Pet Shop Boys aim for imperiousness
Gary Page gives his verdict on the new outing from Pet Shop Boys:
Back in the late 1980s, as I struggled through the early, awkward stages of high school, I was a keen consumer of the pop music of the day. There was one band who seemed to stand out from all the other preening, blow-dried pop stars and existed in their own world. The Pet Shop Boys would constantly release effortlessly brilliant singles that hit the upper reaches of the chart. The band members, Neil Tennant and Chris Lowe, have subsequently referred to this period as their “imperious” stage – songs like It’s a Sin, Heart and Domino Dancing consolidated an already established ability to craft intelligent, sad, ironic dance music that began in 1985 with West End Girls. From a bedroom in England, listening on an old cassette, I was totally absorbed in to their world. Lots of water has passed under the bridge since then so, if you remain uninitiated, check out their many greatest hits compilations and you’ll soon be up to speed.
We’re now in 2012, whether we like it or not, and the band have unleashed new album, Elysium, on the world. The record was produced in L.A. with Kanye’s producer-in-chief Andrew Dawson but, as soon as you hear the first few synth chords of Elysium‘s opening track, Leaving, you’re not in Los Angeles, you’re transported to that familiar world of the Pet Shop Boys.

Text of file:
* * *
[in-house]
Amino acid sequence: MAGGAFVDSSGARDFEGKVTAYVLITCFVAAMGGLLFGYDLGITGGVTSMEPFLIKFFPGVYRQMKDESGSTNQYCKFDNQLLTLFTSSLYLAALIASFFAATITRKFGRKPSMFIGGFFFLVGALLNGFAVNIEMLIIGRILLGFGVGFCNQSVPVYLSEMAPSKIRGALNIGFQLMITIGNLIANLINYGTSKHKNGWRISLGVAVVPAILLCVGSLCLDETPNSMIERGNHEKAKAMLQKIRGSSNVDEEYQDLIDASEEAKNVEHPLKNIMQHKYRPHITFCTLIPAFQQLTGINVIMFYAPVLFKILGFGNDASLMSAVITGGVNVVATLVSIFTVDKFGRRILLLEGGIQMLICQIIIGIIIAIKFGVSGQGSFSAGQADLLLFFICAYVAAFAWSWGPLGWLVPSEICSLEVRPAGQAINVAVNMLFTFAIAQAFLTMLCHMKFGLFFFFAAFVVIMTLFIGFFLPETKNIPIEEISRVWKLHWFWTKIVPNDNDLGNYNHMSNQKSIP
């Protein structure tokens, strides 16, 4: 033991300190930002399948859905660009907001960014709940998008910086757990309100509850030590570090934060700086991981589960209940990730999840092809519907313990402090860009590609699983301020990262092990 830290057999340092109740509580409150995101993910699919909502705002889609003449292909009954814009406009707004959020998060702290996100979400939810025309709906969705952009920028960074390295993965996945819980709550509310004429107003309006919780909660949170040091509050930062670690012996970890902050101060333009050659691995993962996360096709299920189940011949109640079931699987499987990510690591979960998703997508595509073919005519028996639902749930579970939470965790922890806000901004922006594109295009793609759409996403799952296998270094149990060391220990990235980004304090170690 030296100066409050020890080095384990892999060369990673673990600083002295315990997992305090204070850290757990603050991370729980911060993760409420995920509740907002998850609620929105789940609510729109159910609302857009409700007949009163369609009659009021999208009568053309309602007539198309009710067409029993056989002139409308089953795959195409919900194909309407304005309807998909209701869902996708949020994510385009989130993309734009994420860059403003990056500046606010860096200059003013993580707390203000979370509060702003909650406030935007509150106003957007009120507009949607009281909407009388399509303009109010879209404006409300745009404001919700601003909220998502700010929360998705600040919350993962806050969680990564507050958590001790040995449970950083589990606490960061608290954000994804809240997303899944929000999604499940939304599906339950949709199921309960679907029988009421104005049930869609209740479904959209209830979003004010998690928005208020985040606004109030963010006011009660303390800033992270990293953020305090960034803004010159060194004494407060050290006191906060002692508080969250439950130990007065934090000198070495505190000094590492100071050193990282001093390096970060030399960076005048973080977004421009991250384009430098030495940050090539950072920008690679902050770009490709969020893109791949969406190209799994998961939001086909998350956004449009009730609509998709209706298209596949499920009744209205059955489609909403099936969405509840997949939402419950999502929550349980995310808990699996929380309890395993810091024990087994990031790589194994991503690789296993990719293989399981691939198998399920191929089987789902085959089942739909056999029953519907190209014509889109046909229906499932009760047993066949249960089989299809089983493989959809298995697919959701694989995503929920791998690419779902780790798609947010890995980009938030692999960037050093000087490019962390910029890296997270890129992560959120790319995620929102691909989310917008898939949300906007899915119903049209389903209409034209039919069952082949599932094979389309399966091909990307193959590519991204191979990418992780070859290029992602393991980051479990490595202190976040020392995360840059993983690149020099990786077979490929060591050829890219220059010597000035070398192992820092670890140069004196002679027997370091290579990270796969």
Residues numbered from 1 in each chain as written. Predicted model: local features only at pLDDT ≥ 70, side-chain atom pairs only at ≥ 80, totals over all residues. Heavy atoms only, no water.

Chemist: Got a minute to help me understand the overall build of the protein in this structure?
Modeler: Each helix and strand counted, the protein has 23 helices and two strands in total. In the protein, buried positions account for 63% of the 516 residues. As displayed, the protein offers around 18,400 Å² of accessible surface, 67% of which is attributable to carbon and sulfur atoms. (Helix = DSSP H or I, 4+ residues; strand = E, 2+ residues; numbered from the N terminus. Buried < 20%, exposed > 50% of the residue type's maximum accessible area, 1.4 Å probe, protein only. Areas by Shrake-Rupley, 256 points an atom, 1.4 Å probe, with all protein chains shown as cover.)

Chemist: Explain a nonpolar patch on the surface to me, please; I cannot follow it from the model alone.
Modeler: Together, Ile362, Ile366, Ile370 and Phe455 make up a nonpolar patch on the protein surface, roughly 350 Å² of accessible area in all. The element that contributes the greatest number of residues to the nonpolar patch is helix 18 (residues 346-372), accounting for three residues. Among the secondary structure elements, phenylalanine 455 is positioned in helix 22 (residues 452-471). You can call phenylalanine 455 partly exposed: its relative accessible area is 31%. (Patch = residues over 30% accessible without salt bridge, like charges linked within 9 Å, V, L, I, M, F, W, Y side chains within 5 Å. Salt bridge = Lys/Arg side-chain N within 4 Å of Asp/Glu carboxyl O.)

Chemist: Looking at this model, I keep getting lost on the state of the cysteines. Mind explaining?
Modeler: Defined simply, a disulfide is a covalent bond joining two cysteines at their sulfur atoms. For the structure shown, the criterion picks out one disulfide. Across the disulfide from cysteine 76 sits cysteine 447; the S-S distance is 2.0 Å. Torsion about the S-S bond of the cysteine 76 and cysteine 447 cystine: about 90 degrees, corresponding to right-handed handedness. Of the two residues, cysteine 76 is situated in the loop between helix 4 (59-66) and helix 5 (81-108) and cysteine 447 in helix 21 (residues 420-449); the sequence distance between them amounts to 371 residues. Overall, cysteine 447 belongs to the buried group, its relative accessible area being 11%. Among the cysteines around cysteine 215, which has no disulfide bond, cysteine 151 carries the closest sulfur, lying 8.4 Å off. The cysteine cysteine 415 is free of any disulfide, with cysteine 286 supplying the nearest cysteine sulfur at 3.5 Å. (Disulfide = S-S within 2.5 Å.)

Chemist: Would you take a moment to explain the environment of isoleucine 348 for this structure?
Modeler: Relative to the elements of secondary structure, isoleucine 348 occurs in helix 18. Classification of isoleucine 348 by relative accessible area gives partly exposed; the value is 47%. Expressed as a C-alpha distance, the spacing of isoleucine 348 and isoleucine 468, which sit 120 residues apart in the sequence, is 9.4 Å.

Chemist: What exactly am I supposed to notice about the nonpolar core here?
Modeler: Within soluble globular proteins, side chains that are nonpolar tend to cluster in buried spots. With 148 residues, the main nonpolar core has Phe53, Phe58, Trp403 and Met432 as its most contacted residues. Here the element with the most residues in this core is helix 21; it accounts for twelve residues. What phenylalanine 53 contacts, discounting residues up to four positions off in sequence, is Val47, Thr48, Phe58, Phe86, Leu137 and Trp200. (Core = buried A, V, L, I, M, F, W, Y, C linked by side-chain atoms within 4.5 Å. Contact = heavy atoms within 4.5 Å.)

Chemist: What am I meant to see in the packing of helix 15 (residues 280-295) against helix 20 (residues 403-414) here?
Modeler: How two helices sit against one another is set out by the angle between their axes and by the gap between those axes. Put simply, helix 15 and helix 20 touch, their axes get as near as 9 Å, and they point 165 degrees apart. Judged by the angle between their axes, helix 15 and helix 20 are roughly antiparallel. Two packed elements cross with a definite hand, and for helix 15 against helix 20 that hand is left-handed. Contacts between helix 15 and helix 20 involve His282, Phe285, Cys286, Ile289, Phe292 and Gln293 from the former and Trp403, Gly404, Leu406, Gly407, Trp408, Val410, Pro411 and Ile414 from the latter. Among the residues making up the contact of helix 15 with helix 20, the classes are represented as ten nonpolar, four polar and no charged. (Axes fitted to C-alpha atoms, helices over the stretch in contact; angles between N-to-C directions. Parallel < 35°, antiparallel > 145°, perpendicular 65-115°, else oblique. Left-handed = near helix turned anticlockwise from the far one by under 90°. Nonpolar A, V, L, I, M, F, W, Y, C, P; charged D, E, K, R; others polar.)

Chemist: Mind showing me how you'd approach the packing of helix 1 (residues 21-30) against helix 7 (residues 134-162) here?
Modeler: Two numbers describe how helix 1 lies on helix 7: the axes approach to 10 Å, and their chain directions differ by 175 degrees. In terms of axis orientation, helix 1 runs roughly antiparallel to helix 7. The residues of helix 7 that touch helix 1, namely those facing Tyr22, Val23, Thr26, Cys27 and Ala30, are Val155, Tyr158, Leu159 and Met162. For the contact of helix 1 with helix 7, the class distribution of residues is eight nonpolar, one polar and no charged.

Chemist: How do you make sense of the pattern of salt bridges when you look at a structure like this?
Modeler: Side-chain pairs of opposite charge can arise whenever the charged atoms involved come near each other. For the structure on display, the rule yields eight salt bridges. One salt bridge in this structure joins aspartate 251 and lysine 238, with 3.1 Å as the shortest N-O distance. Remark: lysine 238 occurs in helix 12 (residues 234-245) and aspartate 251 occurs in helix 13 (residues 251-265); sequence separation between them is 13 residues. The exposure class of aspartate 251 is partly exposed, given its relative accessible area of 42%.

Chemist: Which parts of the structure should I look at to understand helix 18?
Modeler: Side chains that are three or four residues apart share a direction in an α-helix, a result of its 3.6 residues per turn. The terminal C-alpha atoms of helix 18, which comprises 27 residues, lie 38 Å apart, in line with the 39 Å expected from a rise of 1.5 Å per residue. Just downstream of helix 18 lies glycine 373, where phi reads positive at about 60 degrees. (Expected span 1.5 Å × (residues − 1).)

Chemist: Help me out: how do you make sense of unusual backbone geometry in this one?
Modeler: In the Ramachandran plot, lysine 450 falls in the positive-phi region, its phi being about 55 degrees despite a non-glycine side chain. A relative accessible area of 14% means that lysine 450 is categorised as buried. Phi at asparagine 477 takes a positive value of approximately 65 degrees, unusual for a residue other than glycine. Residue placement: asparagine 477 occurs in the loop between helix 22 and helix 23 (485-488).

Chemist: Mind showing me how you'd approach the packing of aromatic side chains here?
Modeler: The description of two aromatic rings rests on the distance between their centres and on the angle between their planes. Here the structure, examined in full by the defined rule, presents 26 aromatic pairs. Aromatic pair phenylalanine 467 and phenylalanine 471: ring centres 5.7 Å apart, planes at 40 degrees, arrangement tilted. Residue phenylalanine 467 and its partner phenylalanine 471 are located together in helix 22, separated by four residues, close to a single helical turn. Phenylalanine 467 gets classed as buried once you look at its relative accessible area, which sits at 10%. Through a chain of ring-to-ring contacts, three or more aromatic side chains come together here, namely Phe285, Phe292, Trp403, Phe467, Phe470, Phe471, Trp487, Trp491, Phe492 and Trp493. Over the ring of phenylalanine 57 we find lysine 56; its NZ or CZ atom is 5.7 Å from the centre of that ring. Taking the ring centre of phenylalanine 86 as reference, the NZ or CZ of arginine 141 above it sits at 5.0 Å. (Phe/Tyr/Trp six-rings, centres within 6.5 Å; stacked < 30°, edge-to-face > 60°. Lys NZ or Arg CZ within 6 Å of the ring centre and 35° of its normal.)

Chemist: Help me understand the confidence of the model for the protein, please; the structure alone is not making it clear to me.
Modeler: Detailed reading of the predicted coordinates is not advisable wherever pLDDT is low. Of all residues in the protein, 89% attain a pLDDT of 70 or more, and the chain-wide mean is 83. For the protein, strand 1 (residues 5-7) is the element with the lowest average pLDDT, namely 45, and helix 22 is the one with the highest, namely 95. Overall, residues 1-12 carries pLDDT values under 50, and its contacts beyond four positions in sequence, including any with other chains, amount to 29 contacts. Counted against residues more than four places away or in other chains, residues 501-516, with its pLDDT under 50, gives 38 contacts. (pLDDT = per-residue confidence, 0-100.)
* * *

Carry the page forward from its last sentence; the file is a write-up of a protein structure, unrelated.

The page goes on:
Leaving and second song Invisible fit snugly into the sound of 1990’s album Behaviour, which is thought by many, including Robbie Williams and myself, to be one of the finest British albums of the last 25 years. Invisible is the Pet Shop Boys ruminating on their advancing years and the anonymity many feel as their looks and youth start to fade. “After being for so many years the life and soul of the party, it’s weird, I’m invisible”
The brilliant but sedate and sobering opening to the album soon makes way for more upbeat tracks including Winner – recently released to coincide with the Olympic games in London. Winner is an attempt to create an inspirational and uplifting tune but falls a bit flat on musical and lyrical levels. Slightly more successful is Your Early Stuff, a wry look back at former glories and the expectations and trials of sticking around for 30 years. The sound has a pulsating, Hot Chip feel, but the lyrics are trying too hard to hit that ironic note that was achieved more successfully on Yesterday, When I Was Mad in 1993.
Elysium offers many familiar delights to old fans and there are also a few surprises along the way that work to varying degrees. Give It A Go has a Northern Soul stomp that sounds scarily like a track from Duffy’s million-selling album Rockferry. The album closes with Requiem in Denim and Leopardskin, a flamboyantly exotic song that is reminiscent of the band’s successful collaborations with Dusty Springfield in the late 80’s and early 90’s.
Elysium may not be as “imperious” as their late 1980’s work, but the duo still show flashes of brilliance to confirm that all their best work is not just confined to their “early stuff”.
Review by Gary Page